greg.boone at autodesk.com
Tue Aug 15 12:48:23 EDT 2006
Since you are writing the PostGIS provider within the GenericRDBMS
framework we expect to be able to build and test the PostGIS provider in
the same manner and style as the MySQL and ODBC providers. This means we
expect you to write unit tests for the PostGIS provider in a CppUnit
>From our perspective, the build team are users as much as our external
clients such as MapGuide. The build team will building the provider in
Debug mode and executing the unit tests in Debug mode on a daily basis.
It is critical that all tests be able to be executed without asserting
or throwing an unhandled exception and all errors reported through
standard CppUnit error handling/reporting mechanisms.
The above 2 paragraphs deal with the newly developing PostGIS 'provider'
code base. As for any modifications you plan for existing GenericRDBMS
libraries such as RDBI, we expect that existing coding standards (as
seen in the existing subversion files) be followed. If Asserts are not
used in these components now then please do no introduce that behavior
in new code being submitted.
From: Mateusz Loskot [mailto:mateusz at loskot.net]
Sent: Monday, August 14, 2006 6:43 PM
To: dev at fdo.osgeo.org
Subject: Re: [fdo-dev] Assertions
Greg Boone wrote:
> I am not sure what you mean by equality.
I asked if FDO project considers intention of assertions and
exceptions the same.
If it's true, I can't agree. They behave *similar* but intentionally
they are very different constructions of a programming language.
Both are also distinguished in C++ Standard:
"The following subclauses describe components for reporting several
kinds of exceptional conditions, documenting program assertions, and a
global variable for error number codes, as summarized in Table 25."
next section explains assertions as follows:
19.2 Assertions [lib.assertions]
1 Provides macros for documenting C++ program assertions, and for
disabling the assertion checks.
This clearly says assertions =/= exceptions.
> All I am saying is that generally, FDO does not throw assertions
> (except the CPPUNIT unit test ASSERT macros).
Asserts in Unit Test are different story.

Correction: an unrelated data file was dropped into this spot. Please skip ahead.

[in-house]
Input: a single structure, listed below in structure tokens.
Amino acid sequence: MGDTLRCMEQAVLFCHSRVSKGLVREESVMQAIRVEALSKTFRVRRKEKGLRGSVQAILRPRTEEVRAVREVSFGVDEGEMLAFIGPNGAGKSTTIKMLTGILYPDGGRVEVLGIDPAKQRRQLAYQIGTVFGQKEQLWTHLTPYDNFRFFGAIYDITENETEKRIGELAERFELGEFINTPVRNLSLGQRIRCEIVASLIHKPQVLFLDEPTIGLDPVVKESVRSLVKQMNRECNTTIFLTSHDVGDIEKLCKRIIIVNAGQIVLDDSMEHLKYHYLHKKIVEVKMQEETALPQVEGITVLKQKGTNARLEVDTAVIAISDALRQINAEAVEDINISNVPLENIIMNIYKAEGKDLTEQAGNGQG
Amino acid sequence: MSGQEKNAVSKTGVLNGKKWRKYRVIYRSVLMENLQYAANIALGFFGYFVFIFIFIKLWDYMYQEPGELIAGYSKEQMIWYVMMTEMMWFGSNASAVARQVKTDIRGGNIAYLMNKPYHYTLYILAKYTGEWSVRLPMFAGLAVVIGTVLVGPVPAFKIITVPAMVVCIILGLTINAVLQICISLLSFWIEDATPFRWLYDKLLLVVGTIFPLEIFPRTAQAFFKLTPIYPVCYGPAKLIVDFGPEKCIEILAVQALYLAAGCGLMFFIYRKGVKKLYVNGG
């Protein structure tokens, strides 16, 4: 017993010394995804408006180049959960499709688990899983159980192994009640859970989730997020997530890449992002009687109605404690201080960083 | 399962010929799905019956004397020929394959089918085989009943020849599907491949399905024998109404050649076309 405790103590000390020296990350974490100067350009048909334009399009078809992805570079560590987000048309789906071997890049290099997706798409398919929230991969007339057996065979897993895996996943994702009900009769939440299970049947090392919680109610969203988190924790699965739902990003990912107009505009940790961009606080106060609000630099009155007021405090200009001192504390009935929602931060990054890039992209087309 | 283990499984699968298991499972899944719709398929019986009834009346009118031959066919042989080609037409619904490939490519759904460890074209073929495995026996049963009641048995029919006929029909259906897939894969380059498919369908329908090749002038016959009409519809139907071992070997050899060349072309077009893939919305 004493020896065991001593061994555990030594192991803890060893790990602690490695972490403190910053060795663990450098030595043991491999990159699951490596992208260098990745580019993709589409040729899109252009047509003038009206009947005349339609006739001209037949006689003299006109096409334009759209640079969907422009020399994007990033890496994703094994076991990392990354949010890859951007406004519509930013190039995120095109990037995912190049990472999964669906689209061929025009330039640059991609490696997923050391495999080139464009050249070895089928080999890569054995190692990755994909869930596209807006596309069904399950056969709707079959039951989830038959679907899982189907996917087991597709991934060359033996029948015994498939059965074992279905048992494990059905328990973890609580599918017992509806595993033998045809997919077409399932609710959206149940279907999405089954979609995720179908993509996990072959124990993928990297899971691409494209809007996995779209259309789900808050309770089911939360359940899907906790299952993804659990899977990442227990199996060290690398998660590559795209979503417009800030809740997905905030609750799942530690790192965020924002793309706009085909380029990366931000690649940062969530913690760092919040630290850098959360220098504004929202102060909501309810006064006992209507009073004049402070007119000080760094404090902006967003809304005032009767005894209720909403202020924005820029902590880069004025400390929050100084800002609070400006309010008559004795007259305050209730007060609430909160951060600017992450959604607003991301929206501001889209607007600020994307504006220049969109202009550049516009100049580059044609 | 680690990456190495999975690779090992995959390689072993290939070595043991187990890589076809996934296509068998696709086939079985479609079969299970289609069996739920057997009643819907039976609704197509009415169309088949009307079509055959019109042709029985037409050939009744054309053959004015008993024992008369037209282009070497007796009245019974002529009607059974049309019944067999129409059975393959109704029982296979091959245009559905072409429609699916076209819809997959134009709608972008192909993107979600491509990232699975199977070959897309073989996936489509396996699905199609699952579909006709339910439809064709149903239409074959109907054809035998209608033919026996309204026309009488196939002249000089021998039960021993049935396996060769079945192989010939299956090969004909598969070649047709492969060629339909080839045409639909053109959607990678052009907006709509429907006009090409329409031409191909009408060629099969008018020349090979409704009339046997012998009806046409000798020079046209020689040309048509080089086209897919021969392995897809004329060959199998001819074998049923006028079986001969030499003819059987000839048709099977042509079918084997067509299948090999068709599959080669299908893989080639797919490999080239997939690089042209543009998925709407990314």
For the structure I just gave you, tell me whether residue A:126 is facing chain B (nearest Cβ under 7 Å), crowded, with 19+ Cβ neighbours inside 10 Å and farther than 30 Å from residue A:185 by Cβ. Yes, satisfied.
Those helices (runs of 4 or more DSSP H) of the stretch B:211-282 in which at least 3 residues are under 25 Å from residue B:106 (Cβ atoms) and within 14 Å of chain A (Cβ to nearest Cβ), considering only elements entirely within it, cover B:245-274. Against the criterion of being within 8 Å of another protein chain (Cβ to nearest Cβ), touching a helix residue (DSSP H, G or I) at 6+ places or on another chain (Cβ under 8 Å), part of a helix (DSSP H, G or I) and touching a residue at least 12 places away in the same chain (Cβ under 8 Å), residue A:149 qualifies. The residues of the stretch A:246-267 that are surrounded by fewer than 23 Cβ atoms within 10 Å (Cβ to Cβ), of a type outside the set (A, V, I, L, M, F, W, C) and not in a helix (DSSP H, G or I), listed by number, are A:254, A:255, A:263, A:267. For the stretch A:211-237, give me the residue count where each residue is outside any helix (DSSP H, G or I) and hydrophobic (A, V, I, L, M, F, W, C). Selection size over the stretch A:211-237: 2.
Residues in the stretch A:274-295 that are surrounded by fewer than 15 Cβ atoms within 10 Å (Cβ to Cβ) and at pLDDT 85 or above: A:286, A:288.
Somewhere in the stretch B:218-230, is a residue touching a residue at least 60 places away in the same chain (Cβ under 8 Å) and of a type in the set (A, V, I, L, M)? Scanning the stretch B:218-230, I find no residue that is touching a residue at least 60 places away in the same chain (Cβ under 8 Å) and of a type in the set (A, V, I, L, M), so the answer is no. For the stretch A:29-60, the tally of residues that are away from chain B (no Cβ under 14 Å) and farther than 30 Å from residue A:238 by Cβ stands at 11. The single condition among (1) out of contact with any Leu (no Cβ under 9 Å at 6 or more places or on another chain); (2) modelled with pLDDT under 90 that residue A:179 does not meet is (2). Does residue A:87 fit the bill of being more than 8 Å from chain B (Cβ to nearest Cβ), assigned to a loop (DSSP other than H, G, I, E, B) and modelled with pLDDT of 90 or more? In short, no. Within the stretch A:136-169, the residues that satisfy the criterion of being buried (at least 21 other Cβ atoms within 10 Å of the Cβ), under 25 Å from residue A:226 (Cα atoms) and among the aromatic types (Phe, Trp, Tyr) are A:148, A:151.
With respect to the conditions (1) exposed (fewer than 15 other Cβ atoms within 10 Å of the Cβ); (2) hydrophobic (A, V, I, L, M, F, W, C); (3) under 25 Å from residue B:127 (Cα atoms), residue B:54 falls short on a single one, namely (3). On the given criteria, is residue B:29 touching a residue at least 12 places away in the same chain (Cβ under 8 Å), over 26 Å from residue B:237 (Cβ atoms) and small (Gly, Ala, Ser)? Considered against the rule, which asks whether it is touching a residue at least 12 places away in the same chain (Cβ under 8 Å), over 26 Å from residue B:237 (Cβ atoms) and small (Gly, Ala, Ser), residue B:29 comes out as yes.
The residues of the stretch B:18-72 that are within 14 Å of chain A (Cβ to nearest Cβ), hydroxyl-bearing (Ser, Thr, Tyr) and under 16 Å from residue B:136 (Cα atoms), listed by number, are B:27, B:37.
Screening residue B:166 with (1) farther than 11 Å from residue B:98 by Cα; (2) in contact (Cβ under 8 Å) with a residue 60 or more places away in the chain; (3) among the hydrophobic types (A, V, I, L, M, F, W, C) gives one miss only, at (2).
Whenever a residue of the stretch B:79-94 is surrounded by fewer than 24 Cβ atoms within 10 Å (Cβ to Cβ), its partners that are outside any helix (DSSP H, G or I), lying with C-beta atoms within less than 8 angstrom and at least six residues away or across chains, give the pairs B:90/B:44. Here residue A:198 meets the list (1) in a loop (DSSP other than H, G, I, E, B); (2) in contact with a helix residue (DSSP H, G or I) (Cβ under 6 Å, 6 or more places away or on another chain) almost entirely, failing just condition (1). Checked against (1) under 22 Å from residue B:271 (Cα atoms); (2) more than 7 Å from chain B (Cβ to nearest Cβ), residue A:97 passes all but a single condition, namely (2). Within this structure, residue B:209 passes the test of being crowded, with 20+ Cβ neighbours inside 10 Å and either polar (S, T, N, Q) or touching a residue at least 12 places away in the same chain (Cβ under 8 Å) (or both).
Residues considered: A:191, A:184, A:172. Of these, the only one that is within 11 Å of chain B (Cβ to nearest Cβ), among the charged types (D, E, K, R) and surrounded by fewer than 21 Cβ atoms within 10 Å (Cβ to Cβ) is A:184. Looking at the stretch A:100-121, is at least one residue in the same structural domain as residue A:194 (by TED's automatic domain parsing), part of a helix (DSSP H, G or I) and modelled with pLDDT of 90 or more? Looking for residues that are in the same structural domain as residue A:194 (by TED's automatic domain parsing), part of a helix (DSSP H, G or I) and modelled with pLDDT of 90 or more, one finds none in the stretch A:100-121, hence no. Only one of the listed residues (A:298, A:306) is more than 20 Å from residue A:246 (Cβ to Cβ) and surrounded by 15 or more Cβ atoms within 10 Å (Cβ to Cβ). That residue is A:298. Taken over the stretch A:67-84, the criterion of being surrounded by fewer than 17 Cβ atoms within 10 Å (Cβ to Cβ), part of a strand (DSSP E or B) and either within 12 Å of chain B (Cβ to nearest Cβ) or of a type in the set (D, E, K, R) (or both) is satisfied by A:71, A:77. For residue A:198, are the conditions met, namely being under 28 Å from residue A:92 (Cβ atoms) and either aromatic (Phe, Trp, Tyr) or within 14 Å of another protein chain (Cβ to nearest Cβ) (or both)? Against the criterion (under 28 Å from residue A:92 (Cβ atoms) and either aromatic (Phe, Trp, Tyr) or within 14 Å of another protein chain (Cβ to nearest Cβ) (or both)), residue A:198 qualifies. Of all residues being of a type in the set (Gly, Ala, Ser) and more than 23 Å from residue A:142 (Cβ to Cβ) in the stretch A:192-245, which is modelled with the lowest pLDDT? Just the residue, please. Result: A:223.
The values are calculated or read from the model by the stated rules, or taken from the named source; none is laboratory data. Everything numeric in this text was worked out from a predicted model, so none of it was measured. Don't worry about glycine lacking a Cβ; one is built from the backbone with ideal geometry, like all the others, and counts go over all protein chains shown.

They are tests with similar logic to assert() macro
but with different behaviour (without stopping program execution).
> This is because:
> 1) Assertions only are executed only in Debug
This idea is based on strong foundation (see below) and it is perfectly
correct as long as users (not developers) do not run debug release of
> and do not provide any contextual error information to our users in a
> production environment
This is true, because assertions are not intended to provide any useful
information to user, but to component developer.
> 2) Assertions on Windows cause the execution of code to halt and
> force the user to intervene.
This is quite a common behavior of assert() macro. If assertions are
enabled and tested expression is false, the error message is (usually)
send to and calls abort() function (mostly). So, assertions do
not provide graceful recovery from errors
> This cause some difficulty in automating the execution of Debug unit
> tests in a CPPUNIT style framework
I don't use CppUnit, but if this framework uses assert() macro to do
unit test checks, then this is an obvious bug in the CppUnit.
But I'm 99% sure they do not use assert() macro to test unit
Please, let me to list some important differences:
a) Used *only* in development phase
b) Check pre-/post-conditions and invariants in *private* code,
on implementation level.
c) Test for things with very high unlikelihood to occur,
and when they occur, this always mean serious bug in application.
d) Provide some *comments* and feedback to developers
team (*not to user*). Asserts are
e) To state that are supposed to be *always* true
f) To indicate points the execution that are not supposed to
reach, like default clause of some switch statements.
g) Debug code and help to localize problems without further step-by-step
debugging (again, asserts are for developers, not users)
h) Comment and document logically impossible situations, inline.
i) keep application correct
a) Used in release phase
b) Used to check parameters that come from users, parameters
passed to public interface.
c) Enable users to gracefully recover from errors and give users freedom
to decide what errors to handle and to set custom severities.
d) To catch problems that might occur, that are expected to occur
under some conditions.
j) keep application robust
h) satisfy invariants even if errors occur and prevent run-time
errors from causing program/system/environment instability.
Certainly, there are situations where assertions may cause troubles,
or they should be used very carefully, AFAIK in Windows NT services. But
these are rather exceptions from the rule.
Assertion is one of the main weapon in Design By Contract
The rule of thumb of assertions usage is hould be:
"The more assertions look tedious and redundant, the
more appreciated they are and the more information they provide."
I'm not trying to write a book or complete manual, but I'm
only presenting my reasoning.
Nevertheless, I'm going to keep using assertions
in PostGIS provider.
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